informa
/
3 MIN READ
Feature

Cracking Down On Crime

New software tools and tactics help investigators search computers and networks for evidence that lawbreakers thought they had deleted
Technology has played a role in criminal investigations since before Sherlock Holmes' time. But today's gumshoes are as likely to be skilled in reading spreadsheets as well as rap sheets, screen shots as well as mug shots, paper trails as well as powder trails, thanks in part to new laws such as the Sarbanes-Oxley Act and the USA Patriot Act.

So corporate felons beware: Those files you thought you erased can and will be used against you in a court of law. Investigators today possess software tools that search PCs, servers, and networks for evidence such as text files, images, and E-mails that can be used to ferret out white-collar criminals.

In searching for bits of evidence, investigators look in places many computer users don't even know exist: the unallocated memory containing fragments of deleted files or, if they're lucky, the entire file.

Such a search can produce the smoking gun in a case, says Ives Potrafka, senior examiner at the Center for Computer Forensics, a private company that assists law firms and legal departments. Before joining the company, he spent four years with the High Tech Crimes Unit of the Michigan attorney general's office.

Computer forensics is a combination of science and art. "It's a marriage of technology and good old-fashioned detective work," he says.

In one case, a client sued a brokerage firm, alleging that it had denied access to its Web site, preventing the client from executing a large trade in 2000. By the time the case came to trial 2-1/2 years later, the firm assumed that all relevant electronic files had been deleted. Using sophisticated search tools, however, the center was able to find Web-site records to prove that the client had indeed visited the site on the day in question. The case was thrown out of court.

Since the Enron case, in which its auditor, Arthur Andersen, destroyed piles of evidence, recovery and analysis of data has come to form a central part of internal investigations. Also, provisions in Sarbanes-Oxley require companies to collect, search, and preserve electronic data.

The Sarbanes-Oxley Act isn't the only thing likely to trigger forensic investigations. The California Security Breach law requires companies to investigate and report incidents in which customer-account information has been compromised. The Basel Committee, an international regulatory body, requires banks to collect and preserve forensic evidence to "contain and mitigate incidents, ensure business continuity, and prosecute the perpetrator."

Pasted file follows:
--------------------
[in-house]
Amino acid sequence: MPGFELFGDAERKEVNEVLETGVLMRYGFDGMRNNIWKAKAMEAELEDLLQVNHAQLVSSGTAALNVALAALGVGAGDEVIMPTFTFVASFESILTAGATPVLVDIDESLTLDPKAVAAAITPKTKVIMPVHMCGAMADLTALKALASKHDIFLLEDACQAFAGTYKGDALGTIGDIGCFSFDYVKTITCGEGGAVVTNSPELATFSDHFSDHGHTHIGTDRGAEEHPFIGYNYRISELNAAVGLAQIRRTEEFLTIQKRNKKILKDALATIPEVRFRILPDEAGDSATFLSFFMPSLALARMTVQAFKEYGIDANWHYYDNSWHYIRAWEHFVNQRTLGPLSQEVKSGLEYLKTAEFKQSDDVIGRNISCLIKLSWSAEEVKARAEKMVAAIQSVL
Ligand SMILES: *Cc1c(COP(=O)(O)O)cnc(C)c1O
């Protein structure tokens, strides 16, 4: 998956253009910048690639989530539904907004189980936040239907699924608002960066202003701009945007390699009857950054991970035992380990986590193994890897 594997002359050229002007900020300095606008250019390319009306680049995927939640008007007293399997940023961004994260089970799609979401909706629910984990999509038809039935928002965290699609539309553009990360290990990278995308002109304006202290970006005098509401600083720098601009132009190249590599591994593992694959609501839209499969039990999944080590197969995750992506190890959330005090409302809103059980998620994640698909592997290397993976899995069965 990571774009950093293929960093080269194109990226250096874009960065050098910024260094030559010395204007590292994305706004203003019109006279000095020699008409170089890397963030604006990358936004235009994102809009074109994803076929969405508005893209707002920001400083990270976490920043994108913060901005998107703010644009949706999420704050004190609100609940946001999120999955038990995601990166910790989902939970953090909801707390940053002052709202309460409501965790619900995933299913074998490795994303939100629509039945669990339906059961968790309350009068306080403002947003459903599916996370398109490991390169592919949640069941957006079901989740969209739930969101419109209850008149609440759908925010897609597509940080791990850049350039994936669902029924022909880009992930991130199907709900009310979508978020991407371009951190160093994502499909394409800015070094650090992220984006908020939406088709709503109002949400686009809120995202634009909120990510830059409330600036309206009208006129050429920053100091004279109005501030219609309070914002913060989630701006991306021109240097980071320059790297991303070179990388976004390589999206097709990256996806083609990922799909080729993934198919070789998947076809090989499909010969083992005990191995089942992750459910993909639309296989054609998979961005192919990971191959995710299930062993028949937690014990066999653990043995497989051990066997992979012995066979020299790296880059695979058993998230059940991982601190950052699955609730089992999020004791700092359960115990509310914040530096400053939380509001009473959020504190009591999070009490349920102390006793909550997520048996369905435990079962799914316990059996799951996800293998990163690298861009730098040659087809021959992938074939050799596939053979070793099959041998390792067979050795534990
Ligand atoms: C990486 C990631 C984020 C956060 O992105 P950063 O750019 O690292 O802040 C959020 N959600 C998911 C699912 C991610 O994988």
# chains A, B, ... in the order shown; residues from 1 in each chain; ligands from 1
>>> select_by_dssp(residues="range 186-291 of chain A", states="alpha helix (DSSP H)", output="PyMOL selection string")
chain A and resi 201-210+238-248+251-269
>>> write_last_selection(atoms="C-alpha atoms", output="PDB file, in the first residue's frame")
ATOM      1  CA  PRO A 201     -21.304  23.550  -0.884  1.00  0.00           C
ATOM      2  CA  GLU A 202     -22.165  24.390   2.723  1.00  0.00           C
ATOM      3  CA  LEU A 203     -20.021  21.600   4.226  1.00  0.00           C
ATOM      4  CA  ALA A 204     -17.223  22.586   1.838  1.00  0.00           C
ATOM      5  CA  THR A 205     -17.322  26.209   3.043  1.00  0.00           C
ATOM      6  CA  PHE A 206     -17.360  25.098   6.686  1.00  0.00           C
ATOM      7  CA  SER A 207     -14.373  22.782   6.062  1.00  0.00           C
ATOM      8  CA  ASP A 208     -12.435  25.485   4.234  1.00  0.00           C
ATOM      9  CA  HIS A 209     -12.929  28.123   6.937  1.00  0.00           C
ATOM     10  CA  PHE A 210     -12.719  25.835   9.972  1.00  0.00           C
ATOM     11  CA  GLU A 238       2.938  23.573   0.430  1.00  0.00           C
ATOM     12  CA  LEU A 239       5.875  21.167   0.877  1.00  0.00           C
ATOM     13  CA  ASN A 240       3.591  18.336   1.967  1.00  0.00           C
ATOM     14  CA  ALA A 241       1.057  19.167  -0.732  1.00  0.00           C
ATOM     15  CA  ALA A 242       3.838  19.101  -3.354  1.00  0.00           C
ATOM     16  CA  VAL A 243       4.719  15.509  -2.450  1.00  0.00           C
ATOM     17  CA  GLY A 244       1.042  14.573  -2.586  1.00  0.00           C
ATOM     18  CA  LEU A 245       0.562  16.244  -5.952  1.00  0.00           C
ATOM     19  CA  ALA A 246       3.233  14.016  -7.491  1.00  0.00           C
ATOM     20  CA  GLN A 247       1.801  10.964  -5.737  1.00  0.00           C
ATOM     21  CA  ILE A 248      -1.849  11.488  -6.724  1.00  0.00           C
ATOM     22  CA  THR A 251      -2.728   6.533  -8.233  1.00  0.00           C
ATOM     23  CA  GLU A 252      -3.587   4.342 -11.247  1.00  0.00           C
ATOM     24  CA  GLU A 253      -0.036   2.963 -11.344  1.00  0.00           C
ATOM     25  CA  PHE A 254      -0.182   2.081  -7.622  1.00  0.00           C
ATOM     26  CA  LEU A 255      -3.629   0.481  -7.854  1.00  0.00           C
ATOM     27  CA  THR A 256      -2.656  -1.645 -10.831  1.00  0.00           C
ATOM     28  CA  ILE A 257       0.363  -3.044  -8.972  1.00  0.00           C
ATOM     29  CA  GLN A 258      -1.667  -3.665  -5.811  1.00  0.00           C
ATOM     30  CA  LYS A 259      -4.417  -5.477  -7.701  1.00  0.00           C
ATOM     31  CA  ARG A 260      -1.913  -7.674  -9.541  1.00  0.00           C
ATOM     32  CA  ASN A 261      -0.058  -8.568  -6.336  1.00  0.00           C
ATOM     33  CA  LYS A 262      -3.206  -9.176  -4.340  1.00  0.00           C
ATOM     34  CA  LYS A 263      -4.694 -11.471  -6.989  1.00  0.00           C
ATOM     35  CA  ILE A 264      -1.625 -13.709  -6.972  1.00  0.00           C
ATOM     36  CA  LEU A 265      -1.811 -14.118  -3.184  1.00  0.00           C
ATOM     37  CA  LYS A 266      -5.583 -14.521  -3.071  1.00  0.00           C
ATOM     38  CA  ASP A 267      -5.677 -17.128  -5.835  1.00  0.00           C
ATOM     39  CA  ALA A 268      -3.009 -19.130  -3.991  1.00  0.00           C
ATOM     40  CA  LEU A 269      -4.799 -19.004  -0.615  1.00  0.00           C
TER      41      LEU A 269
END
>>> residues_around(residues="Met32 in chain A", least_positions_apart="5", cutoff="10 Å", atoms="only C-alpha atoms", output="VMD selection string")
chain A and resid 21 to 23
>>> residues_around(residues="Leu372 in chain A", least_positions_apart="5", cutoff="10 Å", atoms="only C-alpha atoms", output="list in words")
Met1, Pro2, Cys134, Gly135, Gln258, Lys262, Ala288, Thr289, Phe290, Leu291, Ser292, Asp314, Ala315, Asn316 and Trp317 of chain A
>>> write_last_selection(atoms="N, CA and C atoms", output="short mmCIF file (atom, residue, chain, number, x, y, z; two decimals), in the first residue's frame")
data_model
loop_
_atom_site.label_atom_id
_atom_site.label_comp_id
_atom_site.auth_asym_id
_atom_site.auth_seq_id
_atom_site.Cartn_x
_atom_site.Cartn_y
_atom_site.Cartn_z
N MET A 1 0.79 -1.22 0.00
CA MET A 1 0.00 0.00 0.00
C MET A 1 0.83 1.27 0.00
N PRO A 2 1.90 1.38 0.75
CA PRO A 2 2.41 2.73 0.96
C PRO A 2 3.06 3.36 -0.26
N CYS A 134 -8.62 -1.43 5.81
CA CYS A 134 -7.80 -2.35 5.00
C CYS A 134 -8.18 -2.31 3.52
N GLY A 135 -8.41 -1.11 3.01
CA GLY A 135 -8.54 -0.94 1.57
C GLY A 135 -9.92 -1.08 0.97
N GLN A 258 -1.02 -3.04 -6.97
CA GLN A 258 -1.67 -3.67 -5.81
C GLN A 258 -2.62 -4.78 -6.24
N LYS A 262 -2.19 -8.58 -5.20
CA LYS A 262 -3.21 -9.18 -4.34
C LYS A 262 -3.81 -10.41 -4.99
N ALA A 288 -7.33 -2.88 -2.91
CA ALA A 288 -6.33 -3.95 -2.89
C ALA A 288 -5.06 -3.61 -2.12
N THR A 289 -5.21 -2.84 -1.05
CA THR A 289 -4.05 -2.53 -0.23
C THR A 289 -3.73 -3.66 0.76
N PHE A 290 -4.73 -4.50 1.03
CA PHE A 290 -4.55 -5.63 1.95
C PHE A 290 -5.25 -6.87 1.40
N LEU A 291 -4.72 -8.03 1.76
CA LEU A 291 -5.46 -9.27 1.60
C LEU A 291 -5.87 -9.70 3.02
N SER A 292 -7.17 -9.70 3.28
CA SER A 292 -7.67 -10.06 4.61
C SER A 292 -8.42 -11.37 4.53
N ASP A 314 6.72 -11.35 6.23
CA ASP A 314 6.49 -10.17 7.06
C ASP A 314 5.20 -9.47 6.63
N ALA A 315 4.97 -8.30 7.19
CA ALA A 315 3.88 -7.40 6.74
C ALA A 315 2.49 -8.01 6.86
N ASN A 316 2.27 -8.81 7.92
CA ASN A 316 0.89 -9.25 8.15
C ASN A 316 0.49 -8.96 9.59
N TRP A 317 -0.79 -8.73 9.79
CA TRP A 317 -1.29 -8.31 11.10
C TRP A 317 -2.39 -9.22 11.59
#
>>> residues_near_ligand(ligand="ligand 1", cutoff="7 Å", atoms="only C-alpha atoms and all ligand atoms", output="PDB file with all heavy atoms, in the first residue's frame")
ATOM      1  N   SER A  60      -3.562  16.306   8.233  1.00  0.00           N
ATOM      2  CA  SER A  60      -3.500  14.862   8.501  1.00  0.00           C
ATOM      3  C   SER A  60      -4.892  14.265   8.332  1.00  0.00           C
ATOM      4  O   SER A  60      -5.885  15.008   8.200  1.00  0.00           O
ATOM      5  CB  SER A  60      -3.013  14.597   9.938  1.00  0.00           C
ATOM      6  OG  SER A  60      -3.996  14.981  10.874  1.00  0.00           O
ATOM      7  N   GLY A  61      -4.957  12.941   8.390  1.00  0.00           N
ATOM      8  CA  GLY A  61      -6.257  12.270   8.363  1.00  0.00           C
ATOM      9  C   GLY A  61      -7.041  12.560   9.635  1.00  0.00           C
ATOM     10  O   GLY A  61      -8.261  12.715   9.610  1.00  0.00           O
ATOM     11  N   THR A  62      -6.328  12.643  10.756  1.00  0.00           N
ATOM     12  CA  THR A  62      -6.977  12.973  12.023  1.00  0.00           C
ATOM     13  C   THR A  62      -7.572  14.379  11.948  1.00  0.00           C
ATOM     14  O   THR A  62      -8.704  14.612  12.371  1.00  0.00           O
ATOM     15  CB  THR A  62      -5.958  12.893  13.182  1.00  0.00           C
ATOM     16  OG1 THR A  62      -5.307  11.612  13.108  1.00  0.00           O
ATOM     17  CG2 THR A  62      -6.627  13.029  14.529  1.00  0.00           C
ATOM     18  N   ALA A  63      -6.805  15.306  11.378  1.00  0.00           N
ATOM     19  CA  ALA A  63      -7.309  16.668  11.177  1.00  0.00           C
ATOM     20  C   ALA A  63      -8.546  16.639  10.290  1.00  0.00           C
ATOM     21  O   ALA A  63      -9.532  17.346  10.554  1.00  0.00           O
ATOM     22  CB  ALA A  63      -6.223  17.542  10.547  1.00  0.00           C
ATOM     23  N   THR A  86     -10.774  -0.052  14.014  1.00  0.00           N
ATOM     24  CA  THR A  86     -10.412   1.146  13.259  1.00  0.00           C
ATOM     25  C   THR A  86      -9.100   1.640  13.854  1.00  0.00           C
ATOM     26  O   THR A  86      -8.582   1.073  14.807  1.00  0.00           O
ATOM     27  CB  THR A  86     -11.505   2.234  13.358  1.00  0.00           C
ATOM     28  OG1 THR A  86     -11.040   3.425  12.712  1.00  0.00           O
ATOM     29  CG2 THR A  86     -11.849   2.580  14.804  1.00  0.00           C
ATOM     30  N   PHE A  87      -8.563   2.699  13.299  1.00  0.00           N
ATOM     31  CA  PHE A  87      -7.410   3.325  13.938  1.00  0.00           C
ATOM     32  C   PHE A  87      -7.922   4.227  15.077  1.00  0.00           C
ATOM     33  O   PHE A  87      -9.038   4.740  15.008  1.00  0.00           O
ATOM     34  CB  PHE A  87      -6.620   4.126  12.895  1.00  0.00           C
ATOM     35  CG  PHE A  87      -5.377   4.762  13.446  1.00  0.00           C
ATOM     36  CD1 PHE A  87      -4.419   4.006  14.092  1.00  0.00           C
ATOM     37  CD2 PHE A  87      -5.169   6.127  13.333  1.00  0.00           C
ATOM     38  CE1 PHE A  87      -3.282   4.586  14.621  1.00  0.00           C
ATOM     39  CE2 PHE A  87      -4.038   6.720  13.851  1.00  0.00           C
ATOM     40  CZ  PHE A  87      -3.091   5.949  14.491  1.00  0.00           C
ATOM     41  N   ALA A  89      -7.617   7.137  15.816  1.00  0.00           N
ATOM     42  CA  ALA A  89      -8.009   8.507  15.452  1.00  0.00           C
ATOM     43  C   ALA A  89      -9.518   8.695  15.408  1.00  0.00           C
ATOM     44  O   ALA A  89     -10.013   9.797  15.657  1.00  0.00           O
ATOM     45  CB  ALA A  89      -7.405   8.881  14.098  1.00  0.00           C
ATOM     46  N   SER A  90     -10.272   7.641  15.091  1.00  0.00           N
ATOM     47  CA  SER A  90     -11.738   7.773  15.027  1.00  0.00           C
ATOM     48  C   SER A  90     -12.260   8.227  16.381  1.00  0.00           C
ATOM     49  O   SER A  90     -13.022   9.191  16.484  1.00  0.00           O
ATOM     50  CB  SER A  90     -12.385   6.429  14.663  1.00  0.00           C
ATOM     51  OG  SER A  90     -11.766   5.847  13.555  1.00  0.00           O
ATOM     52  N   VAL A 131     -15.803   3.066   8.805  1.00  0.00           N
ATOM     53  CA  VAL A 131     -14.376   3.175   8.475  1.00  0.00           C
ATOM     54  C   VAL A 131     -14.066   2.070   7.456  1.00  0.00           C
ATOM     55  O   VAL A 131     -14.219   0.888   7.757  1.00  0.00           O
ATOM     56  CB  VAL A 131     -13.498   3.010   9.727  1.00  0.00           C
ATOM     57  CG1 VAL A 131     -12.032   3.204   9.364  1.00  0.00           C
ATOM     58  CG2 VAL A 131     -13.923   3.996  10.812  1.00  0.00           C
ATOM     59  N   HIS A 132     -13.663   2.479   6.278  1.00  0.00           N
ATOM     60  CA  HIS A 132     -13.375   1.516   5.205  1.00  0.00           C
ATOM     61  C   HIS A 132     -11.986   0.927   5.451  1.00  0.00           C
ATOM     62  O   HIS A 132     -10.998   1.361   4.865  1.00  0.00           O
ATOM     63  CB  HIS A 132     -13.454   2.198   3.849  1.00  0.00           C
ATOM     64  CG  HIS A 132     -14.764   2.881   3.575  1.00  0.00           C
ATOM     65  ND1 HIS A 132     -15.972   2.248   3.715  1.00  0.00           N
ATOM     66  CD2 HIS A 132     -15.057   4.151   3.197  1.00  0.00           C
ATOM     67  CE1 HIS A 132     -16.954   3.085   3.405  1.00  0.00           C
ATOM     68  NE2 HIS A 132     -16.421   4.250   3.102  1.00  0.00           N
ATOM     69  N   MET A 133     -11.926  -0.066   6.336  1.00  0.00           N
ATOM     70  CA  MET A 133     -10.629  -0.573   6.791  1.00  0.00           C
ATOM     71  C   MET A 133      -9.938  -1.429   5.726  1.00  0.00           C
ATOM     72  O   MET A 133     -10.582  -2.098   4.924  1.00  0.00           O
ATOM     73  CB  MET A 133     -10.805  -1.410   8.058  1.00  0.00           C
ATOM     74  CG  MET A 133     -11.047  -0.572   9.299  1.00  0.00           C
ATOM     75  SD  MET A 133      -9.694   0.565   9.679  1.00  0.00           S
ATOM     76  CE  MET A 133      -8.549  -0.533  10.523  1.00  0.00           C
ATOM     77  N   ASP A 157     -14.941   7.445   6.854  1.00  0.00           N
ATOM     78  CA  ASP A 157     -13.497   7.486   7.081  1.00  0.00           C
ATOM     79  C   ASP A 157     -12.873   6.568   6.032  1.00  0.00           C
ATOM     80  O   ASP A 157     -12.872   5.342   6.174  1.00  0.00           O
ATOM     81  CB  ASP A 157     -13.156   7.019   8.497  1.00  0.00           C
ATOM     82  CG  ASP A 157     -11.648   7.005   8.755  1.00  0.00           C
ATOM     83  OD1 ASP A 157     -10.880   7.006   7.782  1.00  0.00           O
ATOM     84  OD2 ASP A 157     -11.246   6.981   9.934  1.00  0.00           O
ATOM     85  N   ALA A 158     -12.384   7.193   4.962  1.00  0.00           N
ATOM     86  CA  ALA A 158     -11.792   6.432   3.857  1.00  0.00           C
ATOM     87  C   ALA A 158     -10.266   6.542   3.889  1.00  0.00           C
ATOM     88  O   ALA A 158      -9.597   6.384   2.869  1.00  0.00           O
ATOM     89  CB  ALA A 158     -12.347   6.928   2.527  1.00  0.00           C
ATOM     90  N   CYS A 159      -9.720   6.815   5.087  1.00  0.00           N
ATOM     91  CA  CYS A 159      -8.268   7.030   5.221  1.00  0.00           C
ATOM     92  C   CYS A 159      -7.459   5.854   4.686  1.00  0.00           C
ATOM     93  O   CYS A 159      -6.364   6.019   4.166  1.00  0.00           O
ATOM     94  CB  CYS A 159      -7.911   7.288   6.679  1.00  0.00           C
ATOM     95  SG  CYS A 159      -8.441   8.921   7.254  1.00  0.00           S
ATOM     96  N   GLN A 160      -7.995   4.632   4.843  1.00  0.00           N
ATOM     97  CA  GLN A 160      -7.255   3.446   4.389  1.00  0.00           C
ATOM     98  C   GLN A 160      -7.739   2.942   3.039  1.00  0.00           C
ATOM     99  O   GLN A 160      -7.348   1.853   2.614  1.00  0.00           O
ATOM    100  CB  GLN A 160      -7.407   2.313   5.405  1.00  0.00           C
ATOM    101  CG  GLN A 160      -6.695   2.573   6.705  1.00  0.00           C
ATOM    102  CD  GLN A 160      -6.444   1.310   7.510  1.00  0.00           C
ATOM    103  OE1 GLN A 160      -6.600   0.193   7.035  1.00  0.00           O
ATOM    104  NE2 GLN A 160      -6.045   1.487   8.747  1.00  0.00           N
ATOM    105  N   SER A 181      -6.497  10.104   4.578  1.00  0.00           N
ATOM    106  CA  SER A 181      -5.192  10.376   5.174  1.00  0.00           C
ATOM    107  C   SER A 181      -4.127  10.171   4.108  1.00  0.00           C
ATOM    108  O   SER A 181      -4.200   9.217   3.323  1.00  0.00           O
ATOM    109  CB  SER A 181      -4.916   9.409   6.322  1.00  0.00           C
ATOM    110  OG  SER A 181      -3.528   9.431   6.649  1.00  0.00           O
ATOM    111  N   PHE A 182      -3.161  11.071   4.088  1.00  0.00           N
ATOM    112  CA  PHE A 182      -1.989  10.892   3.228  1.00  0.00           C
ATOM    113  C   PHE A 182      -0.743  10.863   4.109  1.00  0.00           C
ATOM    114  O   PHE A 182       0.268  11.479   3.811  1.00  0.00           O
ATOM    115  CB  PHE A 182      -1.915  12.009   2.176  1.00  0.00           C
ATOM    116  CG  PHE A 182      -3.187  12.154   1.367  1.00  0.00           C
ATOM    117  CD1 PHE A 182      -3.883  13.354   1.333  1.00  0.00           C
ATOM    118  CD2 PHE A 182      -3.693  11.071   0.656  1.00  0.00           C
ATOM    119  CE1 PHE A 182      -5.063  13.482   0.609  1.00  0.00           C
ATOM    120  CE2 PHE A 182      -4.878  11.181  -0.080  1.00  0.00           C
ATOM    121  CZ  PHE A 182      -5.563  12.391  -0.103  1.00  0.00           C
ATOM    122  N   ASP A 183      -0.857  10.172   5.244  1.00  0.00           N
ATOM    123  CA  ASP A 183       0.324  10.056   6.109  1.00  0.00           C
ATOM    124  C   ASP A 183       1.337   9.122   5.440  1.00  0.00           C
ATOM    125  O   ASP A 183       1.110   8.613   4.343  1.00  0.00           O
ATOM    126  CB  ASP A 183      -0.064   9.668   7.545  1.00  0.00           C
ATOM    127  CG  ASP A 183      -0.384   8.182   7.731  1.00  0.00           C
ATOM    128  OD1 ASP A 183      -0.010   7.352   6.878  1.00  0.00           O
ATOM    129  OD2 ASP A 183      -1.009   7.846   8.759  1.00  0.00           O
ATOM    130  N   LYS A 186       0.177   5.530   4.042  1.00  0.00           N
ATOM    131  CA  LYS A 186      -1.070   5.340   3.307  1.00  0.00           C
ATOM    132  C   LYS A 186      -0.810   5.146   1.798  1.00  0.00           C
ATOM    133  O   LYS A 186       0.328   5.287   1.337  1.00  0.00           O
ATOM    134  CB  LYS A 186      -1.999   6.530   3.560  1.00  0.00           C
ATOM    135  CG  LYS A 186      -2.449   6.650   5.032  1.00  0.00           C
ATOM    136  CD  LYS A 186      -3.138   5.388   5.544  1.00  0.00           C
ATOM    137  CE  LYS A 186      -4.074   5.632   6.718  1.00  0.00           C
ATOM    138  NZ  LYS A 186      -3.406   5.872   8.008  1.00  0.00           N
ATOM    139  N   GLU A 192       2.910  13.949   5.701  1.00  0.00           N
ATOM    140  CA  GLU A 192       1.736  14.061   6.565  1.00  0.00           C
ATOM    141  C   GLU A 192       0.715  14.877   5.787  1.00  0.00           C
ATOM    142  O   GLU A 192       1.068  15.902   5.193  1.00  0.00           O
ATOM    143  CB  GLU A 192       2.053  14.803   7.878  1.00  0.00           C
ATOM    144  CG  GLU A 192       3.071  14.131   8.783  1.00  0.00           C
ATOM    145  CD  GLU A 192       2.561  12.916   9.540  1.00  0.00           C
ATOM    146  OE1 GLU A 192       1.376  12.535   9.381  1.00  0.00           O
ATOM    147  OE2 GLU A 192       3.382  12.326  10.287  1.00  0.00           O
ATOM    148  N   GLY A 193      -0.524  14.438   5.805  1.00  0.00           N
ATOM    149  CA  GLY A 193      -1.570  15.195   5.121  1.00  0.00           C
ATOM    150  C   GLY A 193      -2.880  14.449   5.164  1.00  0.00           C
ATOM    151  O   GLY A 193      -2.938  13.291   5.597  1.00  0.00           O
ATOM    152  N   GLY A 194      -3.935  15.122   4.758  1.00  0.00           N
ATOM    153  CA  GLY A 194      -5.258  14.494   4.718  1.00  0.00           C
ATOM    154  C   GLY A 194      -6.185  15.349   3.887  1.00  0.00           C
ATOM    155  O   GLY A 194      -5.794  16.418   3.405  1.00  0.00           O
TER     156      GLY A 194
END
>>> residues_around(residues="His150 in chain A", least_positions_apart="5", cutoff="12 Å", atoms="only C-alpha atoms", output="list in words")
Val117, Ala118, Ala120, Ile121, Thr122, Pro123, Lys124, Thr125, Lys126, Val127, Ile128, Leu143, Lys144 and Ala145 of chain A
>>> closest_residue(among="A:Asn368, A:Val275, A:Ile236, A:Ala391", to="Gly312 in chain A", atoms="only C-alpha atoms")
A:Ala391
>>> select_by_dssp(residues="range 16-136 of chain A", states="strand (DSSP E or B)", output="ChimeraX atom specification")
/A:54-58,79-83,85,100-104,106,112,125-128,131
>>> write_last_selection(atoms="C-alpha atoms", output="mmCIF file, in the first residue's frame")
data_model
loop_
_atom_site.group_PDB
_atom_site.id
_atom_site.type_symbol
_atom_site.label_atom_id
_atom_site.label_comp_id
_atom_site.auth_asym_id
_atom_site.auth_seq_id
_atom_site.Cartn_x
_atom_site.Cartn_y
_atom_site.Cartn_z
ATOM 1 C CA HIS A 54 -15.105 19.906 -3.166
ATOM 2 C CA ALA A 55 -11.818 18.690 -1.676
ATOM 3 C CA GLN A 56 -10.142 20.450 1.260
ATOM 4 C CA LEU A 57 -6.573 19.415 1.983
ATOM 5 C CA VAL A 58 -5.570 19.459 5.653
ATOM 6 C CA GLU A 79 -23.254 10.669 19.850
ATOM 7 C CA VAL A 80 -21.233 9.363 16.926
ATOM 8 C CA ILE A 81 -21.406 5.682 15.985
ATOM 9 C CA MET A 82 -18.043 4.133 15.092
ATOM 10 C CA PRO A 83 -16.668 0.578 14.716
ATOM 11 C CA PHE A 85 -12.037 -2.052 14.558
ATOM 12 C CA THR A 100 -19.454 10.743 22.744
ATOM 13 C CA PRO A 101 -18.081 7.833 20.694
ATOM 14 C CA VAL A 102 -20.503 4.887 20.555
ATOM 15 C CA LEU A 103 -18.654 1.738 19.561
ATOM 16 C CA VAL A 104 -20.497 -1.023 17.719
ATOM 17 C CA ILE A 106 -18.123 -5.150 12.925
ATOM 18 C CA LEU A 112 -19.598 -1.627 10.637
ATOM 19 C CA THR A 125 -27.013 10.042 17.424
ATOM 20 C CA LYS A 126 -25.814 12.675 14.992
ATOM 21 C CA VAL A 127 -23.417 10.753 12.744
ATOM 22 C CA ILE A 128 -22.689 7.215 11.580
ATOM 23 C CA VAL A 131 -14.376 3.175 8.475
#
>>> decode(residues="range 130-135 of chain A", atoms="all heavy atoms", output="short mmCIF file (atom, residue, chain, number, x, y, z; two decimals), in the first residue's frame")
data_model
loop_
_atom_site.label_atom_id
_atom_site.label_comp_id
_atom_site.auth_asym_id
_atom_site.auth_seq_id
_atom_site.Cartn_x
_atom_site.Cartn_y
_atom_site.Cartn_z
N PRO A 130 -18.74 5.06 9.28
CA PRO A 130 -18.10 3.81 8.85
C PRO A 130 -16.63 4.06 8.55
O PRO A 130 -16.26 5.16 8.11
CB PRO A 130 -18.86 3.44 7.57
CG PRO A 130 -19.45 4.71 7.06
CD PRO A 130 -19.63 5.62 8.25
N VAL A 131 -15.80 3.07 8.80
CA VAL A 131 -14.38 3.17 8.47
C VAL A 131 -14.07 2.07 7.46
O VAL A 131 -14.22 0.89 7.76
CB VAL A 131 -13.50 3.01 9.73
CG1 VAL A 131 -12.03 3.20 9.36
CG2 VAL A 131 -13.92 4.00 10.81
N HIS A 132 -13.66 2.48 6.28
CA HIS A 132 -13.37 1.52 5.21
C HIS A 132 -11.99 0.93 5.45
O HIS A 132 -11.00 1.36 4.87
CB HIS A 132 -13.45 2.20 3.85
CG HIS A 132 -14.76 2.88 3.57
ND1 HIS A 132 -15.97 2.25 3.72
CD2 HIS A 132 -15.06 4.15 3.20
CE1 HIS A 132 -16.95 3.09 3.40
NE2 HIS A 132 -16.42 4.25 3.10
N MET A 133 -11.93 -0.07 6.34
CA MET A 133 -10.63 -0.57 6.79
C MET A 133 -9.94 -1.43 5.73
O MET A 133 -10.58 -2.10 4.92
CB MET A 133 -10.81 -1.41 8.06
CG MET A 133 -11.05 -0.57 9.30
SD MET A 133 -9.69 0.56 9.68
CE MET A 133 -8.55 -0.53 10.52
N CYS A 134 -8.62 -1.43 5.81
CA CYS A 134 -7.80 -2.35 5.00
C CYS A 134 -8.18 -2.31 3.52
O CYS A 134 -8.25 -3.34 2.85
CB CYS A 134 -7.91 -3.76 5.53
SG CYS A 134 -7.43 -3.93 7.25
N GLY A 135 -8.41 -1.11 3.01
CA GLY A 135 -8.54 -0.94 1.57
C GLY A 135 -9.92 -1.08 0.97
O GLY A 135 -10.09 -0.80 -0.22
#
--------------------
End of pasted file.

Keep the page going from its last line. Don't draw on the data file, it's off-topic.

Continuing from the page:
There's still an extensive backlog of pre-Sarbanes-Oxley investigations waiting to be tackled, says Philip Upton, head of forensic technology solutions at PricewaterhouseCoopers. Investigations can take months or, in some cases, years.

Investigations can be triggered by noncompliance issues, such as violation of company policies, circulation of inappropriate content, or misappropriation of information. Sonnenschein, Nath & Rosenthal LLP, a 600-attorney law firm, has a thriving computer-forensics practice. It uses Guidance Software Inc.'s EnCase to create bit images of the hard drives of up to 20 PCs simultaneously, cutting 90% off the time it would take to search each hard drive separately.

Computer-forensics software is a fast-growing part of the $500 million-a-year corporate investigations industry; Guidance's revenue doubled from $10 million in 2002 to $20 million last year, and it's projected to double again this year as companies build in-house investigative capabilities while still relying on outside consultants for more-difficult cases.

Computer forensics has evolved steadily as a discipline, says Jim Doyle, director of Northeast operations at Guidance. Like many in the profession, he's a former cop. In 1995, he was tapped to form the New York Police Department's computer crimes unit, which dealt with investigating computer-related crimes. Recruits were given a crash course in evidence-gathering techniques. Says Doyle, "We took detectives off the street working on homicide, rape, and robbery cases and made them computer crime investigators."

Editor's Choice
Brian T. Horowitz, Contributing Reporter
Samuel Greengard, Contributing Reporter
Nathan Eddy, Freelance Writer
Brandon Taylor, Digital Editorial Program Manager
Jessica Davis, Senior Editor
Cynthia Harvey, Freelance Journalist, InformationWeek
Sara Peters, Editor-in-Chief, InformationWeek / Network Computing